These Are The Top 5 Poorest Countries In The World

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The world is far from eradicating poverty especially with the endless terror attacks and presence of corrupt politicians that has crippled the world’s economy. It is very sad that despite effort from several non- profit organizations, some countries of the world are still drowning in poverty.

Our list today comprises of countries around the globe whose Gross Domestic Product (GDP) per capita has crippled in the last few years.

As at 2016 here are the poorest countries in the world



1 Malawi

imagesMalawi is the world’s least-developed country. Around 85% of the population live in rural areas. The economy is based on agriculture, and more than one-third of GDP and 90% of export revenues come from this. In the past, the economy has been dependent on substantial economic aid from the World Bank, the International Monetary Fund (IMF), and other countries.

Malawi’s yearly GDP per person is $226



2 Burundi


Burundi is a landlocked, resource-poor country with an underdeveloped manufacturing sector. The economy is predominantly agricultural; agriculture accounts for just over 30% of GDP and employs more than 90% of the population.

Burundi’s primary exports are coffee and tea, which account for 90% of foreign exchange earnings, though exports are a relatively small share of GDP.

Burundi’s yearly GDP per person is $267




3 Central African Republic (CAR)


CAR’s per capita income is often listed as being approximately $400 a year, one of the lowest in the world, but this figure is based mostly on reported sales of exports and largely ignores the unregistered sale of foods, locally produced alcoholic beverages, diamonds, ivory, bushmeat, and traditional medicine. For most Central Africans, the informal economy of the CAR is more important than the formal economy.  Export trade is hindered by poor economic development and the country’s landlocked position.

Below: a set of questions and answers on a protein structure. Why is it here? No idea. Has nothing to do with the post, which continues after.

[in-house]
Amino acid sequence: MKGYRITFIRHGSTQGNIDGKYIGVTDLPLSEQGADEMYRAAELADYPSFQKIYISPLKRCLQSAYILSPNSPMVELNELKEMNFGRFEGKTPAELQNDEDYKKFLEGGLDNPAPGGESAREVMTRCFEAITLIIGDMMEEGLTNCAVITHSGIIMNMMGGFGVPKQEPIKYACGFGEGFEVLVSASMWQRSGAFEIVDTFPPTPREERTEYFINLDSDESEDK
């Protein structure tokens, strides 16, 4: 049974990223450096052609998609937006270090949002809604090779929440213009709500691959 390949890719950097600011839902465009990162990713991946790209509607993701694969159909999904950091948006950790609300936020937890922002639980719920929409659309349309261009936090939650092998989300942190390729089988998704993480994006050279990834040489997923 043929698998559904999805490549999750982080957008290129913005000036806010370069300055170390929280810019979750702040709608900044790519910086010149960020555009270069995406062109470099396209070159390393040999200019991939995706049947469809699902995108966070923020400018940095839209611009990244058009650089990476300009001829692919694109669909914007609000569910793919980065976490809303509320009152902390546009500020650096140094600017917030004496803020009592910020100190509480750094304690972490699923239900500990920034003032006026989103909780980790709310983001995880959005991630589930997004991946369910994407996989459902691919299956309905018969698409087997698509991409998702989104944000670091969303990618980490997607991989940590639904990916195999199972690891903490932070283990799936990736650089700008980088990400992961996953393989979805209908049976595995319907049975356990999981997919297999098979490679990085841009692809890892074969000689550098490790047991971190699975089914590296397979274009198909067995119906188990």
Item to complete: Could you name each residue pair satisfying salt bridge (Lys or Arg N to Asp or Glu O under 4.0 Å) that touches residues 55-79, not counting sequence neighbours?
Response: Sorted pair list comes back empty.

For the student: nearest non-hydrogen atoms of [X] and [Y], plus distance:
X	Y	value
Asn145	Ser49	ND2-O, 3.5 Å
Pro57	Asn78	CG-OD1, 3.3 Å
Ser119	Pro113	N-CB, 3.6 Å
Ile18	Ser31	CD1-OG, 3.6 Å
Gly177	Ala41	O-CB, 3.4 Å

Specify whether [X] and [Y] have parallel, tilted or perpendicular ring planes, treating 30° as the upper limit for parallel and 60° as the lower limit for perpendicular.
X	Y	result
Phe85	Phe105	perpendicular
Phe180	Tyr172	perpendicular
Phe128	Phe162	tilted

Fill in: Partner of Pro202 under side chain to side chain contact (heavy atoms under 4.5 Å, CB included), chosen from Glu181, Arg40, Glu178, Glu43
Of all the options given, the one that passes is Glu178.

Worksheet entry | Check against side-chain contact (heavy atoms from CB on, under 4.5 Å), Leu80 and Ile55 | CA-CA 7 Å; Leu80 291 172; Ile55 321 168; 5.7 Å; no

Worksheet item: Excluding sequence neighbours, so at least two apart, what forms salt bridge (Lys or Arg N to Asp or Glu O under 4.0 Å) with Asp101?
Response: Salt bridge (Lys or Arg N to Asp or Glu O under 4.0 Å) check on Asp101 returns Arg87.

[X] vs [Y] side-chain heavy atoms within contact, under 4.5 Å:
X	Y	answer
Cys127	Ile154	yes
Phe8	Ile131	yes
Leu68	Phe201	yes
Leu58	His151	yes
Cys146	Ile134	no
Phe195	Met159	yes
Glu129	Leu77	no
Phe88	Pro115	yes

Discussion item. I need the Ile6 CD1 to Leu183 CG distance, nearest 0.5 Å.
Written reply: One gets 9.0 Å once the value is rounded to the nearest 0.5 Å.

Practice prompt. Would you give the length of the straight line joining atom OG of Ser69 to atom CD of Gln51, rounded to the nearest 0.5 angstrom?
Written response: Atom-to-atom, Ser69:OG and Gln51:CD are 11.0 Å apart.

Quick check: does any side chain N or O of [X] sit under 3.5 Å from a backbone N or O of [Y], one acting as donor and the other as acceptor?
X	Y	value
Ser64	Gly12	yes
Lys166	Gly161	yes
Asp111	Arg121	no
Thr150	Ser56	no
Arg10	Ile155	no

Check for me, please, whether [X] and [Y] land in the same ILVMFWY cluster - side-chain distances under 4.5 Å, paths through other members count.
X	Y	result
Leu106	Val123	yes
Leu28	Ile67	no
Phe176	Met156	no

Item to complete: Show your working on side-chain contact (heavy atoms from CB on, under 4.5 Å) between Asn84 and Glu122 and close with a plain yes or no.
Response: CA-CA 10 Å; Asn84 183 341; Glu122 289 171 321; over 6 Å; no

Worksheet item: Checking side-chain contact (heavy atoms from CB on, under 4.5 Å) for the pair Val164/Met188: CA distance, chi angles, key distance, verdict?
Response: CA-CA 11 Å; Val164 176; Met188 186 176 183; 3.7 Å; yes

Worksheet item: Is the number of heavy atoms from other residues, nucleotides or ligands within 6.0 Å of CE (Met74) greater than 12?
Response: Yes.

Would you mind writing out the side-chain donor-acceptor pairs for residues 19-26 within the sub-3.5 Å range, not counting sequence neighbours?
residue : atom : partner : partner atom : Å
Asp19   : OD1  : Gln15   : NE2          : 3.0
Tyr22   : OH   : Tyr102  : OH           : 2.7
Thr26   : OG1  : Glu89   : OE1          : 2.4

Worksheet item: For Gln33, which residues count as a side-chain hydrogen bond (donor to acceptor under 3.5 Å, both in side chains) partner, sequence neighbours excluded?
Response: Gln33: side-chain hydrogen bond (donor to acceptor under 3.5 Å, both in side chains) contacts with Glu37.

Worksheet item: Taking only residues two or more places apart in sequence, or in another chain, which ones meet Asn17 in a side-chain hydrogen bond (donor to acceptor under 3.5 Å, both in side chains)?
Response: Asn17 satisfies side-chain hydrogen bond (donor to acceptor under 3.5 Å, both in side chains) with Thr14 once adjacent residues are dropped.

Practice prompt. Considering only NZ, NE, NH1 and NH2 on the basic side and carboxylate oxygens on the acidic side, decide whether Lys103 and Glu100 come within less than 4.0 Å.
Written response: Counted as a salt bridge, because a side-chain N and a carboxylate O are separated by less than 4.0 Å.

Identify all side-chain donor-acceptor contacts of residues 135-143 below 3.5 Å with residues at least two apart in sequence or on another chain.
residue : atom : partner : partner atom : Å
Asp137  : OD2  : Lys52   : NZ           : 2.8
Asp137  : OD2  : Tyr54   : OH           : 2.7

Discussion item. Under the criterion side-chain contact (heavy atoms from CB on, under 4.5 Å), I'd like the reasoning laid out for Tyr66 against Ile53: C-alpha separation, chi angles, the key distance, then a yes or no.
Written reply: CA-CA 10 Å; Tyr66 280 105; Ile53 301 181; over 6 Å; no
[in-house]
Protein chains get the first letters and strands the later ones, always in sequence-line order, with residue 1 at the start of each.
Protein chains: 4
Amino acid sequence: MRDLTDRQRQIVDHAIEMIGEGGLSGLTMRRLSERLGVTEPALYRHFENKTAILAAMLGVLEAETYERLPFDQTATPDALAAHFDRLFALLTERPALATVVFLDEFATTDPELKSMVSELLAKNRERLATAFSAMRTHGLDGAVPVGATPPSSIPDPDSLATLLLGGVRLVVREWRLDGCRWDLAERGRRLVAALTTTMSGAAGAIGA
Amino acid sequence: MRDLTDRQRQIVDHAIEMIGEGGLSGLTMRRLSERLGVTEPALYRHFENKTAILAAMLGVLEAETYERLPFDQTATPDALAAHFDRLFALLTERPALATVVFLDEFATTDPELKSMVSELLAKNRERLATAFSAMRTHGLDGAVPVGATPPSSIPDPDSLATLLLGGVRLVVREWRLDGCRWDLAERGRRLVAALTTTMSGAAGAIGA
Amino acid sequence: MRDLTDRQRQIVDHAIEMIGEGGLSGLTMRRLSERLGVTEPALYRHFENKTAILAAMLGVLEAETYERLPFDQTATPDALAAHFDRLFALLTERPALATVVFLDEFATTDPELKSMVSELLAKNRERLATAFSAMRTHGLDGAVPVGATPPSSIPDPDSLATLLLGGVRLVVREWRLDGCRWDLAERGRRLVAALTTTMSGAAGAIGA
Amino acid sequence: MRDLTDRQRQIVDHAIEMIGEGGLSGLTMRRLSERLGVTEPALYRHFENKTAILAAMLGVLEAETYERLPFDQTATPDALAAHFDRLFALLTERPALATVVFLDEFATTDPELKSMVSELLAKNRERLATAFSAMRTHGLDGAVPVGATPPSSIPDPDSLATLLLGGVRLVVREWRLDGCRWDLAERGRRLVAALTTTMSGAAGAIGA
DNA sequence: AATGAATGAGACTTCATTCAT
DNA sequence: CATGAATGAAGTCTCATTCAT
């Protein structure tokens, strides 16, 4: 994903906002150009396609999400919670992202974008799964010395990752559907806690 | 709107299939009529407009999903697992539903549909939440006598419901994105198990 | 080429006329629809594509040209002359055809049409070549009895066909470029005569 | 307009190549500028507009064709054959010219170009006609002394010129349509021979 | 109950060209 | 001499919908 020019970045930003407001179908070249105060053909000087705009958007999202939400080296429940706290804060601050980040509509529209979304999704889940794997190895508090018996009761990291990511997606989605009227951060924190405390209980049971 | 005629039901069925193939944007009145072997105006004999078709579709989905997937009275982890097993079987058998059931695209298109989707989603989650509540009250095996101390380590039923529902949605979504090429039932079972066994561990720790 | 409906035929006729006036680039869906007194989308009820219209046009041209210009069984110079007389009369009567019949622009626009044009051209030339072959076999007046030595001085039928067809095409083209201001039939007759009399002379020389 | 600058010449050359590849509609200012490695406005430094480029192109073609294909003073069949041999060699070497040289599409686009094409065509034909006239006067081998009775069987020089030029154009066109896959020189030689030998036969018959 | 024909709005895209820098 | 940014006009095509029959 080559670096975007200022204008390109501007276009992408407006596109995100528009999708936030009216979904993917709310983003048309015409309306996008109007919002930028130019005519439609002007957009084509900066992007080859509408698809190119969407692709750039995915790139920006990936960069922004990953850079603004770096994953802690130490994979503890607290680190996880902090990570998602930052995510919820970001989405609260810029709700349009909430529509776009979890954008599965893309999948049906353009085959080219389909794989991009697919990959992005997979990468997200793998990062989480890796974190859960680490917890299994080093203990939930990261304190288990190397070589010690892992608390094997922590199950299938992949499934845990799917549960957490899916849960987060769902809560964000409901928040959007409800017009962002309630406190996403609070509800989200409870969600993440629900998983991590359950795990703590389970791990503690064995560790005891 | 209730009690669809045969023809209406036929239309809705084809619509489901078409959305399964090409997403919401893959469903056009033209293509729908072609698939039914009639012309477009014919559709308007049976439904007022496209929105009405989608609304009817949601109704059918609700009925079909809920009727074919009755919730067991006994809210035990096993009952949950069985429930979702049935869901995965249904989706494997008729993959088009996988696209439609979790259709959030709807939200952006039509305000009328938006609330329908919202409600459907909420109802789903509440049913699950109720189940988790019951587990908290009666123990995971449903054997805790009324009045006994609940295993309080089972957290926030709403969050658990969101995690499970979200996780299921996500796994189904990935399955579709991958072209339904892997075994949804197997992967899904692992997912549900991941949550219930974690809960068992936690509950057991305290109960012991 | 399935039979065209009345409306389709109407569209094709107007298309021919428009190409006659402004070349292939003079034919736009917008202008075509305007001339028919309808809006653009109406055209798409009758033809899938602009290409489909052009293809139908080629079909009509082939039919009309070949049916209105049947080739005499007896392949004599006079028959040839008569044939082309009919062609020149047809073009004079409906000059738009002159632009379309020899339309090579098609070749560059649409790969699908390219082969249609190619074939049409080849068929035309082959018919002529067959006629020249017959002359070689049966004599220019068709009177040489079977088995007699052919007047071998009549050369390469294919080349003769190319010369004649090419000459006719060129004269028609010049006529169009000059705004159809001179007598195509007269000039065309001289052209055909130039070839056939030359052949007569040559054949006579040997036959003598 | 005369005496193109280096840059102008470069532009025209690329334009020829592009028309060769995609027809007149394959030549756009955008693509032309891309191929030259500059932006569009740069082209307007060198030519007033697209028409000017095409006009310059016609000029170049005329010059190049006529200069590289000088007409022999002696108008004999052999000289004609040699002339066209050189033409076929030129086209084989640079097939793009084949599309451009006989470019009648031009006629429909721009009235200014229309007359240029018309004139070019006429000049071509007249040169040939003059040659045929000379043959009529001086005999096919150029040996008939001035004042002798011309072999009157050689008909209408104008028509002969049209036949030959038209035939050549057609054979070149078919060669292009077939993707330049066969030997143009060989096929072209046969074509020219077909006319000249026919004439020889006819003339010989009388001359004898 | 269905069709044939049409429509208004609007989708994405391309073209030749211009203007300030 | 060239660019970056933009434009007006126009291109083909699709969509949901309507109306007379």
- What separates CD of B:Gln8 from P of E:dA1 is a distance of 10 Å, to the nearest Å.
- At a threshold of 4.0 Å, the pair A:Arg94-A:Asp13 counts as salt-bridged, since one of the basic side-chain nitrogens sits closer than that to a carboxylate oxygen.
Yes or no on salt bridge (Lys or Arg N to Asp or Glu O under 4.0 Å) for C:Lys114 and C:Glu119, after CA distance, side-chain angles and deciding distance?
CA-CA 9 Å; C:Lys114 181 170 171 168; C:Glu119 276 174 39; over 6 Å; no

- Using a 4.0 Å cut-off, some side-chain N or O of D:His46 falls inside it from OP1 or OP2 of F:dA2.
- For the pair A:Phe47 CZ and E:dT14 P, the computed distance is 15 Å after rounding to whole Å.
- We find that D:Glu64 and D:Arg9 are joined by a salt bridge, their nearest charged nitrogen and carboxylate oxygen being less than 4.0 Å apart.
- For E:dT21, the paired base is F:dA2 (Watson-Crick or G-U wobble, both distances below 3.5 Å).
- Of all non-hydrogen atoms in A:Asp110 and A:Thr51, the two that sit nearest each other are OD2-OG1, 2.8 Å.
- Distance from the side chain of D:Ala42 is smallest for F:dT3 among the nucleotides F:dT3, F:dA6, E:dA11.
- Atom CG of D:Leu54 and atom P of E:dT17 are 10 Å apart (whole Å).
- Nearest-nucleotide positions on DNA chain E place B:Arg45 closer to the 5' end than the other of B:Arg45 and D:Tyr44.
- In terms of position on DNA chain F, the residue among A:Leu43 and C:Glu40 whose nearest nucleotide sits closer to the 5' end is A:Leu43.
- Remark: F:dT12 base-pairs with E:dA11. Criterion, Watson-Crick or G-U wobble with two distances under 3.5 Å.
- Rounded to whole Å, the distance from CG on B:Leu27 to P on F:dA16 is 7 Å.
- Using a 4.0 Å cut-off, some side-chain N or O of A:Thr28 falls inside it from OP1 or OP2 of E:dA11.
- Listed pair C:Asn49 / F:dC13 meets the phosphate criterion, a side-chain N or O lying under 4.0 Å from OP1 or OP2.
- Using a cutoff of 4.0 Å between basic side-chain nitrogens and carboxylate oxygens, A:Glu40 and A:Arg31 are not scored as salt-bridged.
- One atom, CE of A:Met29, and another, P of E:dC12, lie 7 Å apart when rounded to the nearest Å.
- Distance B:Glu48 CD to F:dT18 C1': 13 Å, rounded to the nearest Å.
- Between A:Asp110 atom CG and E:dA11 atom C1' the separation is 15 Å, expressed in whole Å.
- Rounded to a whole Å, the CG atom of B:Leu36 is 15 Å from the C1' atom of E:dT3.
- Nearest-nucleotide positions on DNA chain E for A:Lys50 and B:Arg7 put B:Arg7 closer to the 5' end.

4 Niger (yearly GDP per person $415)


Niger’s economy centres on subsistence crops, livestock, and some of the world’s largest uranium deposits. Drought cycles, desertification, a 2.9% population growth rate, and the drop in world demand for uranium have undercut the economy.

The country is so poor that in December 2005, it was announced that Niger had received 100% multilateral debt relief from the IMF, which translates into the forgiveness of approximately $86 million USD in debts to the IMF, excluding the remaining assistance under HIPC.

Nearly half of the government’s budget is derived from foreign donor resources.



5 Liberia (yearly GDP per person $454)


Liberia is one of the world’s poorest countries, with a formal employment rate of 15%.GDP per capita peaked in 1980 at US$496, when it was comparable to Egypt’s (at the time. In 2011, the country’s nominal GDP was US$1.154 billion, while nominal GDP per capita stood at US$297, the third-lowest in the world. Historically, the Liberian economy has depended heavily on foreign aid, foreign direct investment and exports of natural resources such as iron ore, rubber and timber.

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